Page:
Also known as McCormick’s Skua

Latin name: Catharacta maccormicki

South Polar Skua (Photo © Samuel Blanc)

South Polar Skua (Photo © Samuel Blanc)

Population: South Polar skuas have a large global population estimated to be 10,000-20,000 individuals.

Conservation Status: Least Concern (IUCN, 2008)

Where found: South Polar Skuas are circumpolar and abundant, mainly around the continent and the peninsula. South Polar Skuas range far over the polar ice. While adolescent birds may disperse as far as the North Pacific and Atlantic Oceans, the adults remain closer to the breeding grounds through the austral winter.

Wingspan: 126-160 cm

Length: 50-55 cm

Weight: 0.6 to 1.69 kg

Mating/Breeding: South Polar Skuas become sexually mature at 5 years old. Much attached to traditional nesting sites, the South Polar Skuas return to the breeding places, often close by bird cliffs or penguin rookeries, in late October and November. The nest is anything from an unlined scrape to a saucer of grasses, lichens and moss. It is often situated in solitary splendour on a high vantage point overlooking a substantial territory in the style of the eagle. South Polar Skuas return to the same nest site year after year and are faithful to a long-term mate, normally paring for life.

The clutch size is largely dependent on the availability of food. In a good season, when there is plenty of krill, there will be two full-sized eggs; otherwise the second egg is likely to be smaller or not laid at all. Eggs may be laid any time between late November to mid-February, again depending on food potential. Both sexes share the incubation period of approximately 30 days. The chicks are brooded by the males. Fledging takes 57 days and is achieved sometime between late February and early April.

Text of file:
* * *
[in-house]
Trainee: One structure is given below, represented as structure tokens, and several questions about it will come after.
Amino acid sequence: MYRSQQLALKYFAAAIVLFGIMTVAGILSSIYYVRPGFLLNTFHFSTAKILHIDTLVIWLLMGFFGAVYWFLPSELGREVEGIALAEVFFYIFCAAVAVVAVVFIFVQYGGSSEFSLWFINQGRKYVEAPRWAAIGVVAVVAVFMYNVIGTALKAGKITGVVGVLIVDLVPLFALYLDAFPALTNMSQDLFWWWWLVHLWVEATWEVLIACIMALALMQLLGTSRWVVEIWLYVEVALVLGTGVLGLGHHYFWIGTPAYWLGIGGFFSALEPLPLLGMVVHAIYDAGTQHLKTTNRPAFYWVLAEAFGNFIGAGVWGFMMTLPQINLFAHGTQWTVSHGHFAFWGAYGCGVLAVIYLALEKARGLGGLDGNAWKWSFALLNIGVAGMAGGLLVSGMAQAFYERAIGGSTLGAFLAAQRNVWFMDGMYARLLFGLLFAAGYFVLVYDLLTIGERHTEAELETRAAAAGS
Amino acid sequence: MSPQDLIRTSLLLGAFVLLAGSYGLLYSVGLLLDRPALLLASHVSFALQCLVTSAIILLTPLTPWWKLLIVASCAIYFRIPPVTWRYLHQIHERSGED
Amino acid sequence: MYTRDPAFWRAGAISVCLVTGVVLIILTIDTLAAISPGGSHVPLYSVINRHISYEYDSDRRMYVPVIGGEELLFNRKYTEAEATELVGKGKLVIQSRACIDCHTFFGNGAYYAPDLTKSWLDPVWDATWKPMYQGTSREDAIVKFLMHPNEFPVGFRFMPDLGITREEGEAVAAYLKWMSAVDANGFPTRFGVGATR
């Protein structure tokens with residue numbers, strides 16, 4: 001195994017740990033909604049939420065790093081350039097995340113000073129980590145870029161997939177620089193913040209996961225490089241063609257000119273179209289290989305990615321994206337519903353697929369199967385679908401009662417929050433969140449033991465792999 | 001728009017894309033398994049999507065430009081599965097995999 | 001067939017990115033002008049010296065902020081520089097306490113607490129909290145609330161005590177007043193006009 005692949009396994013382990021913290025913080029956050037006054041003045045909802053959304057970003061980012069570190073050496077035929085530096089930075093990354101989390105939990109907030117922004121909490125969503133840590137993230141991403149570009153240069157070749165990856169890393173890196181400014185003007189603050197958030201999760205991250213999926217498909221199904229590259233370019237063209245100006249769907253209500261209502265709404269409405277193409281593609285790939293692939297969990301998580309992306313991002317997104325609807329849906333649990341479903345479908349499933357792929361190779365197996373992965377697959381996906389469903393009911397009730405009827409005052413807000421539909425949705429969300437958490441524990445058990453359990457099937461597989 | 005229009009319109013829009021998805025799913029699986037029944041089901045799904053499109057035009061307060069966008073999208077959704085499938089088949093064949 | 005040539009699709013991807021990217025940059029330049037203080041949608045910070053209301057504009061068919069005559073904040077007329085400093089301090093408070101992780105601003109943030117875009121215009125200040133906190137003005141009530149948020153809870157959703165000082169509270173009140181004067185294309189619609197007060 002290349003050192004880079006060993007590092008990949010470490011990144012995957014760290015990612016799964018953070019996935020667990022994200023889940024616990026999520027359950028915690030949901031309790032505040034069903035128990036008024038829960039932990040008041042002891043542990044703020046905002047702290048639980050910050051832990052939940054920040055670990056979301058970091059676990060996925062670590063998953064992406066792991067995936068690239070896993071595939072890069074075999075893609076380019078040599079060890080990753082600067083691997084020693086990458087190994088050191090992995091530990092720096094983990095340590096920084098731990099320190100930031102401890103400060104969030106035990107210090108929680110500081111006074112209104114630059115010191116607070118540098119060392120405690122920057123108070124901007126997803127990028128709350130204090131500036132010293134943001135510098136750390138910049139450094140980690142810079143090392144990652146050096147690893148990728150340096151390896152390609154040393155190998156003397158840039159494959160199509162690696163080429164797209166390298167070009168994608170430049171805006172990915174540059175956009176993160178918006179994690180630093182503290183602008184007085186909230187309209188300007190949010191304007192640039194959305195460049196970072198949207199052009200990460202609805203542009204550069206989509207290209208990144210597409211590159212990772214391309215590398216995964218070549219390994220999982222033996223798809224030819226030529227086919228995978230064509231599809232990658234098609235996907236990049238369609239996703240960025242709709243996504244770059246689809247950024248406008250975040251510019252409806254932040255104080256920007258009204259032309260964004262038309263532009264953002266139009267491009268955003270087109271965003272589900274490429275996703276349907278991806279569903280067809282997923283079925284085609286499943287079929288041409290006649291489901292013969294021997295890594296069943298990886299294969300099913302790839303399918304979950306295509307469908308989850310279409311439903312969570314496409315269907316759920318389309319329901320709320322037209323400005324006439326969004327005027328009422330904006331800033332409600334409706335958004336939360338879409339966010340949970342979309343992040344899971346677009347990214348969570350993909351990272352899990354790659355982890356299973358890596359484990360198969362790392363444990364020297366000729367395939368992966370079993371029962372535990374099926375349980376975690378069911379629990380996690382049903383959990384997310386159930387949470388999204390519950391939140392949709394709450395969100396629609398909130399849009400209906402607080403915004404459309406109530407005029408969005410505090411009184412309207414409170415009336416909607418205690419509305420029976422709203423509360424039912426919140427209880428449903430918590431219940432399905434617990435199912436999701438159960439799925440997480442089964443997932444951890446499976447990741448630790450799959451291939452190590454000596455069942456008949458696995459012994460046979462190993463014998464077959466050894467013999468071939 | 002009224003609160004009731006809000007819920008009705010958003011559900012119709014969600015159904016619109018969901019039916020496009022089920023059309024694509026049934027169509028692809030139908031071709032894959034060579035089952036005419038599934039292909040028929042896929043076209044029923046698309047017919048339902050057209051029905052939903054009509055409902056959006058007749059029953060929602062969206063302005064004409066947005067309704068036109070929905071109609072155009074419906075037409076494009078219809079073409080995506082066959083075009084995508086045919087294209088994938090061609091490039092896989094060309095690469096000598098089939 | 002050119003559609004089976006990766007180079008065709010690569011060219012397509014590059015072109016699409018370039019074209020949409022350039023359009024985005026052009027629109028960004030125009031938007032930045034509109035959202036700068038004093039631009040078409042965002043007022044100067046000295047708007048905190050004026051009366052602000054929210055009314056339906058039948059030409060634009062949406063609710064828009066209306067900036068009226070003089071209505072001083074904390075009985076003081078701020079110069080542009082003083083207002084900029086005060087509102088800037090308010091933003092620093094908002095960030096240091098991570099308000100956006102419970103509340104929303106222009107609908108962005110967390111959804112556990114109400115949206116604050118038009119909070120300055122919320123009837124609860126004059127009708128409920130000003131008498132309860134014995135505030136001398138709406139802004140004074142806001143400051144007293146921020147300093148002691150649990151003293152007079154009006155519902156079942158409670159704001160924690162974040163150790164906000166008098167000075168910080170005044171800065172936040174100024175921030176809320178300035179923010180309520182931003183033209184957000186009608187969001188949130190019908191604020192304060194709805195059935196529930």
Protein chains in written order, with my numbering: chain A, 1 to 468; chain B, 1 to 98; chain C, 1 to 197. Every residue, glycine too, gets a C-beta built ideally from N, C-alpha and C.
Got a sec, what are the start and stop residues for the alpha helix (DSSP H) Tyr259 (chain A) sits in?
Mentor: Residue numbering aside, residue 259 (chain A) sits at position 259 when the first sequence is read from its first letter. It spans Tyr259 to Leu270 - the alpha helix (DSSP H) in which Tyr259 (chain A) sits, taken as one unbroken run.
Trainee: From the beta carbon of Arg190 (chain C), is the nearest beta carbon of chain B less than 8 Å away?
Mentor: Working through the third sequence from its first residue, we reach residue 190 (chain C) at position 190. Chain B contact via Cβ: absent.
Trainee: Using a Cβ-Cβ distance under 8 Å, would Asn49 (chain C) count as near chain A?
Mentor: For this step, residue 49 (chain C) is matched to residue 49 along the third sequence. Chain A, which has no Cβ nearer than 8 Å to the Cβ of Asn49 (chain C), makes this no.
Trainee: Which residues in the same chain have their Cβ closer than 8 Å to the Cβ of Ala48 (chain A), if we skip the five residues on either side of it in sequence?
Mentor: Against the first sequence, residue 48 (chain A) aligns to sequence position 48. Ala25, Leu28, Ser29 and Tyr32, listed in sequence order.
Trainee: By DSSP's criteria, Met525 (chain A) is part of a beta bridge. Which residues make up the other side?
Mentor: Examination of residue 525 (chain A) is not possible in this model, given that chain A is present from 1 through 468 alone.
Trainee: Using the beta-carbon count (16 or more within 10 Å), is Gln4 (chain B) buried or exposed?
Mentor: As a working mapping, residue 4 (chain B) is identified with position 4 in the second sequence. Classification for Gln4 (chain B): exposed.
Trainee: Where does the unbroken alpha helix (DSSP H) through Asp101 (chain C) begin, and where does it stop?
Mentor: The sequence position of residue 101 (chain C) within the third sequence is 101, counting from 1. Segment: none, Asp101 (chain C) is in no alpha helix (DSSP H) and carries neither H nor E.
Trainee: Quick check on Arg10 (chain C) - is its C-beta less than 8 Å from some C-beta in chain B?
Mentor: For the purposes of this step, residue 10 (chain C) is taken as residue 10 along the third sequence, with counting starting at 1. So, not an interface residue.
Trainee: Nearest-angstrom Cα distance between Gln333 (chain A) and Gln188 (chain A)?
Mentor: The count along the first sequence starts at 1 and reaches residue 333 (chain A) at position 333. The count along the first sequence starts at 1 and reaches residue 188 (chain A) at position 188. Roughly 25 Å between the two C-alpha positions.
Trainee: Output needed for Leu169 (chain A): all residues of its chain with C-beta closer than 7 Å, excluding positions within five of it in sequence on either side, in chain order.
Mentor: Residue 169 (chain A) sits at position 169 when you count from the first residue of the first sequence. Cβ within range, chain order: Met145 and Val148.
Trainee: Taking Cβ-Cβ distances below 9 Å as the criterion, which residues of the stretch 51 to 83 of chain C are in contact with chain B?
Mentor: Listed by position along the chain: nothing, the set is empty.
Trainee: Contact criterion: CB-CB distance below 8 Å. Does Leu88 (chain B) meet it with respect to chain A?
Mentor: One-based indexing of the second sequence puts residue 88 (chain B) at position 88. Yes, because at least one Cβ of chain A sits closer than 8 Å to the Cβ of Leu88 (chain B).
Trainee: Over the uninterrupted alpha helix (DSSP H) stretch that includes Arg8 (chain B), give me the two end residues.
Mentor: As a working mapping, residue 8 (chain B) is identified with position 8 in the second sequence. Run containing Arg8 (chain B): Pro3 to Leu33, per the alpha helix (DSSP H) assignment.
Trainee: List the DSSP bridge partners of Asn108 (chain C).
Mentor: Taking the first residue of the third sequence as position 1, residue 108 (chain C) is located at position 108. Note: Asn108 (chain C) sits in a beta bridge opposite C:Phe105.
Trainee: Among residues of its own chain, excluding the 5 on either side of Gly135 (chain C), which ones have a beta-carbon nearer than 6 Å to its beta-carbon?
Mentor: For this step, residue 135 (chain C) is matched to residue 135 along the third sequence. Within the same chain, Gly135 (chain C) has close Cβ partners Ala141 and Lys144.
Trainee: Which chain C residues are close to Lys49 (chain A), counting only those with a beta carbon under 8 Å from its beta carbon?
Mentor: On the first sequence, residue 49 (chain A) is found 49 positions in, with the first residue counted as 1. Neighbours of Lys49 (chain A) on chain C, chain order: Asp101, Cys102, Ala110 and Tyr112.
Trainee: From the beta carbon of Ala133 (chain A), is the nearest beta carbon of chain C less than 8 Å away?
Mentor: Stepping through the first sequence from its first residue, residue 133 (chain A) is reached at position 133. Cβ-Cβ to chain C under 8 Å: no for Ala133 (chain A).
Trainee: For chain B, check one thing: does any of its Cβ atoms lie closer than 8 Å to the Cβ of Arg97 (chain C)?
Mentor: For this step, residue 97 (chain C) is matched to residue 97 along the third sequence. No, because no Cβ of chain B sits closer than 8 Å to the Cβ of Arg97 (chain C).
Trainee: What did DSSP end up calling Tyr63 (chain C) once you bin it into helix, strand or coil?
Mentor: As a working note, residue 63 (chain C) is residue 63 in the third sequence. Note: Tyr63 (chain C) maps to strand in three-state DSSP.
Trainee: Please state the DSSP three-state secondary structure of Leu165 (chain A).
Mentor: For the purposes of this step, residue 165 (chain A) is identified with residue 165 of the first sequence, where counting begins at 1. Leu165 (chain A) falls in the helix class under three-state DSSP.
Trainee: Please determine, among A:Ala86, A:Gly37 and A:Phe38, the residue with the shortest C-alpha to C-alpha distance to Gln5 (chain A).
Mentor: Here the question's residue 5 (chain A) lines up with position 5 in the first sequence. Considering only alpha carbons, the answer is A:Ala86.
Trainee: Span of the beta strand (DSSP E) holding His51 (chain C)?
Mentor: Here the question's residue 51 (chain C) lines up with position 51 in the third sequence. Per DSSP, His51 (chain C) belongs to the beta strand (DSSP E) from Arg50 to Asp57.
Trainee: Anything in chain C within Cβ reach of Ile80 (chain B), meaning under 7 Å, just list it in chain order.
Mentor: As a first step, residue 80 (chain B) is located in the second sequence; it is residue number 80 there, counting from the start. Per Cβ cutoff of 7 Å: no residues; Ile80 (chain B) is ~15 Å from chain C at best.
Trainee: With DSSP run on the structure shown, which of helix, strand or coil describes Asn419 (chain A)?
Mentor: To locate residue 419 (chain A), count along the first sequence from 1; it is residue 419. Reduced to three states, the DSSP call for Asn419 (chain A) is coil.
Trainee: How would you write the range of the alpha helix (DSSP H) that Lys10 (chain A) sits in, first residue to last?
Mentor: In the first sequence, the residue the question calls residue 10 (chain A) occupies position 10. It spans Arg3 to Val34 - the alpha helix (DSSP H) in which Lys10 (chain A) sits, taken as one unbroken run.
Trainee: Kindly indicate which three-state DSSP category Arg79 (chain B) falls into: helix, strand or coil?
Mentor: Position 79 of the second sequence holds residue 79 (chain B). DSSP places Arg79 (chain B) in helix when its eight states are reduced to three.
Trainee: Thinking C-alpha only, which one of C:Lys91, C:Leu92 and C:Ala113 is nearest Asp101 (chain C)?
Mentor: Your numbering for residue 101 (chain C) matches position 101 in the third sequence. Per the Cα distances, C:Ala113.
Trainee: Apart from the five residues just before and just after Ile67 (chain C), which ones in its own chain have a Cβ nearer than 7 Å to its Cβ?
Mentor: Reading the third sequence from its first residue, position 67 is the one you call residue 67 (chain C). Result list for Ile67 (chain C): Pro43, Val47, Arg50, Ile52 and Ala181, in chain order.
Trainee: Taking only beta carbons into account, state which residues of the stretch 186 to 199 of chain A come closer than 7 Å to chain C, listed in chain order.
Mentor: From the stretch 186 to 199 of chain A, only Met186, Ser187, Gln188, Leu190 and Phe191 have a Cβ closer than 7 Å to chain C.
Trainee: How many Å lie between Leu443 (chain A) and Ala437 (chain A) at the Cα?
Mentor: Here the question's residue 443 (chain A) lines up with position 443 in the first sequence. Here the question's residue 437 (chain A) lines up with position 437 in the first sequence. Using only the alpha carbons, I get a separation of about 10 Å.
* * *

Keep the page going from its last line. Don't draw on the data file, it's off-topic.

Hunting Habits: The South Polar Skuas display piratical behaviour, pursuing shags and terns in flight, grabbing wings or tails and forcing them to disgorge their catch. The South Polar Skuas are less dependent on piracy and less proficient at taking penguin chicks than the Antarctic skua. The South Polar Skuas  may take Wilson’s storm-petrels in flight.

Feed on: As birds of prey and kleptoparasites, the South Polar Skuas are opportunistic feeders, but sea-fish and krill are a major part of their prey. Their main fish prey is the Antarctic herring Pleurogramma antarcticum, which itself feeds on krill. The South Polar Skuas are enthusiastic predators on penguin, shag and tern colonies.

Threats: Not globally threatened.

Colour/Looks: Smaller than the Antarctic skua and slightly more agile in flight, the South Polar skua is the greyest of the Catharacta skuas. Even so, there is usually a clear contrast between their lighter nape and their darker back. South Polar Skuas occur in pale, medium and dark colour forms.

Interesting Trivia:

  • Herbert Ponting, photographer on Scott’s British Antarctic Expedition of 1910-12, called skuas “the Buccaneers of the South”.
  • The South Polar Skuas is named after the naval surgeon Robert McCormick, who collected the type specimen.
  • The South Polar Skuas are very aggressive in defence of the nest and young, not hesitating to attack a man, beating him about the face with wings or feet, or ripping his scalp in a power-dive.
  • Within just a few hours of hatching, South Polar Skua chicks are able to walk on their own around the territory.
  • In the film Happy Feet, young Emperor Penguin Mumble is beset by 4 South Polar Skuas that have mobster accents, the leader of which bores everyone with his ‘alien abduction’.

More info:

  • Hadoram Shirihai, A complete guide to Antarctic wildlife (2002)
  • David McGonigal & Lynn Woodworth, Antarctica and the Arctic. The complete encyclopedia (2001)
  • Tony Soper, Antarctica. A guide to the wildlife (2000)


For more photos by Samuel Blanc, click here